I haven’t gotten much sewing done lately, but I did manage to make a few skirts for my older daughter, one with this fantastic Liberty Tana Lawn print that I bought from B & J Fabrics when we were in New York last month. I must admit that I was a little awestruck by their huge Liberty selection.
And I re-covered my worn out mouse pad using this tutorial that I did a couple of years back. Worked perfectly! I ordered that Liberty print last year from Purl Soho.
You can find the pattern for the girls’ reversible Change Your Mind Skirt as shown below in 1, 2, 3 Sew. If you’re using a Tana Lawn print, just be sure to use some thin interfacing to make the fabric opaque.
Photo by Laura Malek.
Less talk, more craft. One of my summer goals is to make more clothing for myself, so I used this Liberty of London Tana Lawn fabric from Purl Soho (Gray Asami Sayo 1175C) and made this simple blouse. I started in linen with this pattern, but the shape of the center insert and the gathers were just not flattering at all, so I simplified it. It’s still a boxy top, but I think it will work well with a pair of slim capri pants.
Liberty of London! Yes, I am getting excited about the new Liberty line coming to Target. No, I am not being paid to talk about it. Tana Lawn prints always make me think of spring. Here are some Liberty finds on Etsy:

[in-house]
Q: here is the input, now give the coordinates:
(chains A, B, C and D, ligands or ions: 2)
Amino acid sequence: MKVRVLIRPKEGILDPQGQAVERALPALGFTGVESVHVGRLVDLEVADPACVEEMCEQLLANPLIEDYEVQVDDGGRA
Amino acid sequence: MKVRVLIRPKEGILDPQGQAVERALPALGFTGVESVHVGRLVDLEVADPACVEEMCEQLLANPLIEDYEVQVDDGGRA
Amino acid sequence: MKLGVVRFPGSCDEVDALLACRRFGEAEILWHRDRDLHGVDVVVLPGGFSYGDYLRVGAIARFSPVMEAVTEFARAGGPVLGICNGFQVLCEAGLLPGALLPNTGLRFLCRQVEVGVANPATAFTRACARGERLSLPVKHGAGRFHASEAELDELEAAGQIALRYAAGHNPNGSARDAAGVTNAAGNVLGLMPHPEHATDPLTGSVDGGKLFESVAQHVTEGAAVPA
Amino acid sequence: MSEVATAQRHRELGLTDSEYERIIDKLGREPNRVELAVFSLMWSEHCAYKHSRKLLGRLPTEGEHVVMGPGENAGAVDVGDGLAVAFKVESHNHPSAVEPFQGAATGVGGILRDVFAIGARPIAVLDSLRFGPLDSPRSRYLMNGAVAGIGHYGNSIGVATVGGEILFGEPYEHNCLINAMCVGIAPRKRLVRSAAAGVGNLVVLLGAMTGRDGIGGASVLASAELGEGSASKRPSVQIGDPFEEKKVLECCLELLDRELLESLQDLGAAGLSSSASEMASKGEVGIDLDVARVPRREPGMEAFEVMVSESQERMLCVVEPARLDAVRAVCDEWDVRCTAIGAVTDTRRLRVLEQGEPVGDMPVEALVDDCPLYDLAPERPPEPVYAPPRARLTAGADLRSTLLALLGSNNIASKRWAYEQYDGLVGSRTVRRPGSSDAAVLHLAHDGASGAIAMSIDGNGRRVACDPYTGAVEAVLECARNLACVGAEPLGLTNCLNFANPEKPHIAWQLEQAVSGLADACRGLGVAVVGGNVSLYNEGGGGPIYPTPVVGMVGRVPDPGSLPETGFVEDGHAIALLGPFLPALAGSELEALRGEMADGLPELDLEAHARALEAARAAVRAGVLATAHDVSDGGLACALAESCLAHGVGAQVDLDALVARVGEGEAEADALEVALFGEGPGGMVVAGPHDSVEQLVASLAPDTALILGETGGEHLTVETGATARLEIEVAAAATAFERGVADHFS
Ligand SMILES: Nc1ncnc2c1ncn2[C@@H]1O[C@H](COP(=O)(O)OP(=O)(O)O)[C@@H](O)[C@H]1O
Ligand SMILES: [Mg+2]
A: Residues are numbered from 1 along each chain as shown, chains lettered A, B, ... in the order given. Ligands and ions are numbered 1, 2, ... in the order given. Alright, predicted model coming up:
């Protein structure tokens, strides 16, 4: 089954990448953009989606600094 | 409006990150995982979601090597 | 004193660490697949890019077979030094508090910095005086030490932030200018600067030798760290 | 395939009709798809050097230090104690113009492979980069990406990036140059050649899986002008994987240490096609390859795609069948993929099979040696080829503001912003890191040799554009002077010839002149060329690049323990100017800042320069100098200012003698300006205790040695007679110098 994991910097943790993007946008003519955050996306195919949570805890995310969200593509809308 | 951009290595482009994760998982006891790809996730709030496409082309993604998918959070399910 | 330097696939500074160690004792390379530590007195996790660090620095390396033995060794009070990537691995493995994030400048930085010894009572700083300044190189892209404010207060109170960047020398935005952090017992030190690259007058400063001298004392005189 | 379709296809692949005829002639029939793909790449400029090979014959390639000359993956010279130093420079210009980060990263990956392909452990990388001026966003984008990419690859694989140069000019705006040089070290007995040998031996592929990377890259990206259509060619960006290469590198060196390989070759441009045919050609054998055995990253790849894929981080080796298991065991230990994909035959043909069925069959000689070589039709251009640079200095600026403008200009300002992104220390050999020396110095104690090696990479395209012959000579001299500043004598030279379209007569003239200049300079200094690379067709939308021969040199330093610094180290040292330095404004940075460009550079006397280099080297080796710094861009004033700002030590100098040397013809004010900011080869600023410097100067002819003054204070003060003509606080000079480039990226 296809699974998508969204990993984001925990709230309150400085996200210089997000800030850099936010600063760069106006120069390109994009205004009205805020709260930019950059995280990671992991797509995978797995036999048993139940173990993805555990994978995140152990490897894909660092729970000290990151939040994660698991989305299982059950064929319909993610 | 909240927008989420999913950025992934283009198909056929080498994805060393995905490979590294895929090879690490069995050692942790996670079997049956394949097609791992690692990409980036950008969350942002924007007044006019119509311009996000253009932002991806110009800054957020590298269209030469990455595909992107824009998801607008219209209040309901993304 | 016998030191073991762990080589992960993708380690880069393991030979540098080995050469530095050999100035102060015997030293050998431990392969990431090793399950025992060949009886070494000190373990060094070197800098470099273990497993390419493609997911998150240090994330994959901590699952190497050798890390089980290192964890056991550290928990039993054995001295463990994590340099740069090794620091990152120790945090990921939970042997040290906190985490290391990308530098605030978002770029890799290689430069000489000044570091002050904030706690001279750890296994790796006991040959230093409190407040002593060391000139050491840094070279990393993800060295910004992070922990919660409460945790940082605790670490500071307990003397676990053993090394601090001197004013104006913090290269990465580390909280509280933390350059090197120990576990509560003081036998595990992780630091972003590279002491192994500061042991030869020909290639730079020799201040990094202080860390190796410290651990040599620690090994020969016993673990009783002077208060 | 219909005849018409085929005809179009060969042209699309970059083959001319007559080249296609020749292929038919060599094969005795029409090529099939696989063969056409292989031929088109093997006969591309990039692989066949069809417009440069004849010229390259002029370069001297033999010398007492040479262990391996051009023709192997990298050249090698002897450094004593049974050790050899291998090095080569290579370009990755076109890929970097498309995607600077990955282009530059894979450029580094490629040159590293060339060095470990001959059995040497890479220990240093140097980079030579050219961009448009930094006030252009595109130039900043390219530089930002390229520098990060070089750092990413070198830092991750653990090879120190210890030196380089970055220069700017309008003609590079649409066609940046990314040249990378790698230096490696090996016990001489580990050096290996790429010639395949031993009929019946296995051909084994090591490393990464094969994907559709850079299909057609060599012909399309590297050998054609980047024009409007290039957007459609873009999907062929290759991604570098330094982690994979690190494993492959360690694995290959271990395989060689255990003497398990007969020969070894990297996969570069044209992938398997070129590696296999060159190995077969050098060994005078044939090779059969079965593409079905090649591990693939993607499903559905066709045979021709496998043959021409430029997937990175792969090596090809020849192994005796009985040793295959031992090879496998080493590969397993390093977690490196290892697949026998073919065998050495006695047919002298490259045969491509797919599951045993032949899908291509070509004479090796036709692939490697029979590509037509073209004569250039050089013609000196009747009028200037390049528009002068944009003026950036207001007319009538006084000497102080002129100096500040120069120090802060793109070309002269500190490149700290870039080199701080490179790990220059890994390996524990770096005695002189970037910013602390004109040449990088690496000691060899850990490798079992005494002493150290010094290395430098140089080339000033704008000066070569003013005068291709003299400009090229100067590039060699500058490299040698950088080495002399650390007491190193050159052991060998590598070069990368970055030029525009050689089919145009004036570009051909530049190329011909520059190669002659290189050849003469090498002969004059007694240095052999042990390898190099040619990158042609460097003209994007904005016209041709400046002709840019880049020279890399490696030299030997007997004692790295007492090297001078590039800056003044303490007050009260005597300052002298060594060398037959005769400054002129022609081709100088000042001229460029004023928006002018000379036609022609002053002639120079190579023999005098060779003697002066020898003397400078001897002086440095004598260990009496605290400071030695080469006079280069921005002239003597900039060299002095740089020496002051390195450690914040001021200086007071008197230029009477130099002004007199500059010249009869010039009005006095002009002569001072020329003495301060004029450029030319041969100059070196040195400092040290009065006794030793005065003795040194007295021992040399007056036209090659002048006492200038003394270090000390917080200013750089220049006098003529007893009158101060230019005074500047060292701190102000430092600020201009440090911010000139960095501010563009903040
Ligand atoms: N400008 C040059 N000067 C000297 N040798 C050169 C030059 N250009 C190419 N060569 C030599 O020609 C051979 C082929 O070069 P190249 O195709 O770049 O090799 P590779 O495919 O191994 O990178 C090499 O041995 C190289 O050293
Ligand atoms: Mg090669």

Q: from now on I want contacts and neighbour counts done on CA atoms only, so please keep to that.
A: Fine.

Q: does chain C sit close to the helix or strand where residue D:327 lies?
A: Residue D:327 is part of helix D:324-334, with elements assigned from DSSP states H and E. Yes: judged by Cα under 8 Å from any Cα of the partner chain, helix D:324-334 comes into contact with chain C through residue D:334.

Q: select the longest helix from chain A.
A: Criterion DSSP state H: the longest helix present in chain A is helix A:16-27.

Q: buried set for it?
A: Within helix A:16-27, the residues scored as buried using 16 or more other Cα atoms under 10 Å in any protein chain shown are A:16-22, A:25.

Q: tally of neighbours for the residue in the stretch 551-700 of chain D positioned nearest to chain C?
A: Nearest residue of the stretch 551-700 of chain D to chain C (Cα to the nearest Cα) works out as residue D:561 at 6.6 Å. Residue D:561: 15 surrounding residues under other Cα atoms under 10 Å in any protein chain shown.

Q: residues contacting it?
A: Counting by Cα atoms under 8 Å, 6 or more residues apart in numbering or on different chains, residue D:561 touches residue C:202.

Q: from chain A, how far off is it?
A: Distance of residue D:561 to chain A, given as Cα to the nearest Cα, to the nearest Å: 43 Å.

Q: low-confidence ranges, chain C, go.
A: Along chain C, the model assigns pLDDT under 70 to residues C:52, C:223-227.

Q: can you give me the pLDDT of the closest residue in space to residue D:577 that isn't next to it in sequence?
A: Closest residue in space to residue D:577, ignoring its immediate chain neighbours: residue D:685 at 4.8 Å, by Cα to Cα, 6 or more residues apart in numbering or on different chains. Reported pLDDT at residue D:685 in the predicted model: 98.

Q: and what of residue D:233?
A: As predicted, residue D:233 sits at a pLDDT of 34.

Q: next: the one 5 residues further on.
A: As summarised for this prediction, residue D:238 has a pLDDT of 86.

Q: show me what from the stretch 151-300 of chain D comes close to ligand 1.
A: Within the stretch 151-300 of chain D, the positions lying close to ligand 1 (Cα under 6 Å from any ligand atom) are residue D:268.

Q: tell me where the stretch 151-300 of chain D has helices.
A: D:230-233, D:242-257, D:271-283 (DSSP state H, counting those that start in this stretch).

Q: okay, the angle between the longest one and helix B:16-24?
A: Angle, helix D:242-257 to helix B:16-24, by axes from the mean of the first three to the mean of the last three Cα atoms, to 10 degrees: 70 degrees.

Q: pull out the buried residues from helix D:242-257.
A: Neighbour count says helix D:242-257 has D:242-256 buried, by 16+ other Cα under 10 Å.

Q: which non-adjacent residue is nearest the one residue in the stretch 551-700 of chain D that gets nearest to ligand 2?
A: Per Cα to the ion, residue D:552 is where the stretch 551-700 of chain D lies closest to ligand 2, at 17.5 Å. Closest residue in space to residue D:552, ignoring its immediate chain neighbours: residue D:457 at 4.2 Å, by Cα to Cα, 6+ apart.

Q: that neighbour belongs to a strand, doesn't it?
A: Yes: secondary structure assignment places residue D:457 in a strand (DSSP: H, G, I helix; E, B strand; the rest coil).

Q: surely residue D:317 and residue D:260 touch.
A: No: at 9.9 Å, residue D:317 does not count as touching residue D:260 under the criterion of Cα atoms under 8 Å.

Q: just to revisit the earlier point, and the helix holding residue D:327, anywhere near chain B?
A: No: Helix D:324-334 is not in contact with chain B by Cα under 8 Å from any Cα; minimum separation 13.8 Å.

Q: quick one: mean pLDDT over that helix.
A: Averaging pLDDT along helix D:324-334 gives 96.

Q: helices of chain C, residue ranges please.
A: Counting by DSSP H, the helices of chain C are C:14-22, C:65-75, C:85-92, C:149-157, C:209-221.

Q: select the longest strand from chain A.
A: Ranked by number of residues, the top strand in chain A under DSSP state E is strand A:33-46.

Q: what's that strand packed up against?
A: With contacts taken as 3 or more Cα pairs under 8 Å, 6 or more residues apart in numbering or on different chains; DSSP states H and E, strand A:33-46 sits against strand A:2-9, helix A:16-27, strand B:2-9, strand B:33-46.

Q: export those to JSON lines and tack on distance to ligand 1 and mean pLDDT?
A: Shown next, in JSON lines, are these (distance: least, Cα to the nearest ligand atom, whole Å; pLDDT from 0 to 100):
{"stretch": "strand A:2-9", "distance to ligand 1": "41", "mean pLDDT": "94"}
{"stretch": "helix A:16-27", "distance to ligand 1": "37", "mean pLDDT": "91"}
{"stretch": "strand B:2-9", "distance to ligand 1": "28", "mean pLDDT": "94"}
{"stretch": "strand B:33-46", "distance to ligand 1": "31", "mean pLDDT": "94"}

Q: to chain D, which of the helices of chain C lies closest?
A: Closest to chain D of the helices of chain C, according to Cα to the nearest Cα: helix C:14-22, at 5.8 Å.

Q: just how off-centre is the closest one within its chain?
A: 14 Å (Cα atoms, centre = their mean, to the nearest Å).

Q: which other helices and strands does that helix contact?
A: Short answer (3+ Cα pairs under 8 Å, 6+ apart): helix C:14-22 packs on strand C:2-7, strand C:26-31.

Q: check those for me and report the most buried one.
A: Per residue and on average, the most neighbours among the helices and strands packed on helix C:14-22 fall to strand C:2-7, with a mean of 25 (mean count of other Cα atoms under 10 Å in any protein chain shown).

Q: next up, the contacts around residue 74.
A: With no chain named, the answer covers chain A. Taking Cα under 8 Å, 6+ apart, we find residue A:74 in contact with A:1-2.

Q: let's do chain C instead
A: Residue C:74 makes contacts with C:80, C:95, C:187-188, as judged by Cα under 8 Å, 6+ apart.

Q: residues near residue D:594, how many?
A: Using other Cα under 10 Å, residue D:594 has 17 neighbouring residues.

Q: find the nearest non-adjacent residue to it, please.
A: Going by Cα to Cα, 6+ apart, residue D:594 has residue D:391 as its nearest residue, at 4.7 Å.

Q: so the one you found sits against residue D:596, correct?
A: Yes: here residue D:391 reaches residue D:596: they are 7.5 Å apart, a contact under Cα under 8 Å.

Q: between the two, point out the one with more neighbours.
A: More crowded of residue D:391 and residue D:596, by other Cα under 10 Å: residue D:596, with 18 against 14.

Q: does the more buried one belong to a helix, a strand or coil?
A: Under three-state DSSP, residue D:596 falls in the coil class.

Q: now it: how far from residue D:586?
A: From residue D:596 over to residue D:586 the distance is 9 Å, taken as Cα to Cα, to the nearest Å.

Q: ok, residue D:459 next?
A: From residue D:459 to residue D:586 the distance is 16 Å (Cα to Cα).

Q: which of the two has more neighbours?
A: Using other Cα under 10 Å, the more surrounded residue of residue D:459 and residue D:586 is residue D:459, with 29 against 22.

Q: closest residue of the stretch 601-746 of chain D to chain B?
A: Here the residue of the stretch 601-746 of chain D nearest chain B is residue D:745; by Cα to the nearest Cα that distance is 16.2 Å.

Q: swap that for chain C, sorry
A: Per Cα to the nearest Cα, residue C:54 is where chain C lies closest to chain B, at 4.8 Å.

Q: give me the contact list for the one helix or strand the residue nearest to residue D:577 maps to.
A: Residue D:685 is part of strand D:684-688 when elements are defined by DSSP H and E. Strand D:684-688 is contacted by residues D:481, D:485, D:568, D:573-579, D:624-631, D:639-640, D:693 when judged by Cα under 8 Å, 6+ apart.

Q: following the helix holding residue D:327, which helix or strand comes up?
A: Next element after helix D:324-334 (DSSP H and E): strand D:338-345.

Dusty Pink Silk Dress, $200 from 13 Threads.
Pair of Liberty Pillows from Plum Cushion, $125.
Princess and Pea, $48 from Dolittle Design.
Liberty of London Coin Purse, $24 from Sew Lola.
Pram Kittens, $16 from Dotty Monkey.
Large Buttons, $3.50 from Notions by Polly Danger.
Toddler Merino Sweater, $54 from Sew Katiepie.
Liberty of London Clutch, $75 from Pretty Lulu Bridal.
Wonderland Top, size 6m to 7 years, $60 from Maison de Lucille.
Maybe you could make these? I found these sweet Liberty print hair slides over in the Selvedge shop. A bit of interfacing, some Liberty fabric, stiffening spray? Made by Tout Silo, who also has a lovely blog and shop. I’m a sucker for anything with Liberty of London prints. And look how sweet they are in a child’s hair:
I’m not much of a knitter. I started this blanket for my younger daughter about three years ago. The unfortunate thing is that I used #6 needles and cast on 200 stitches or something ridiculous. The blanket was left in an odd long rectangular shape, so I cast off, cut it in half (by sewing a zig-zag stitch over some bias tape before cutting) and made two blankets for the girls, backed with this Liberty of London fabric. My kids are three and five, but still sleep with their blankies, so here are two more. At least this project is done!
These turned out a bit wonky, so I’m definitely not one to give instructions on how to sew knitted material to cotton fabric. But there’s a nice blog post from the purl bee addressing the subject.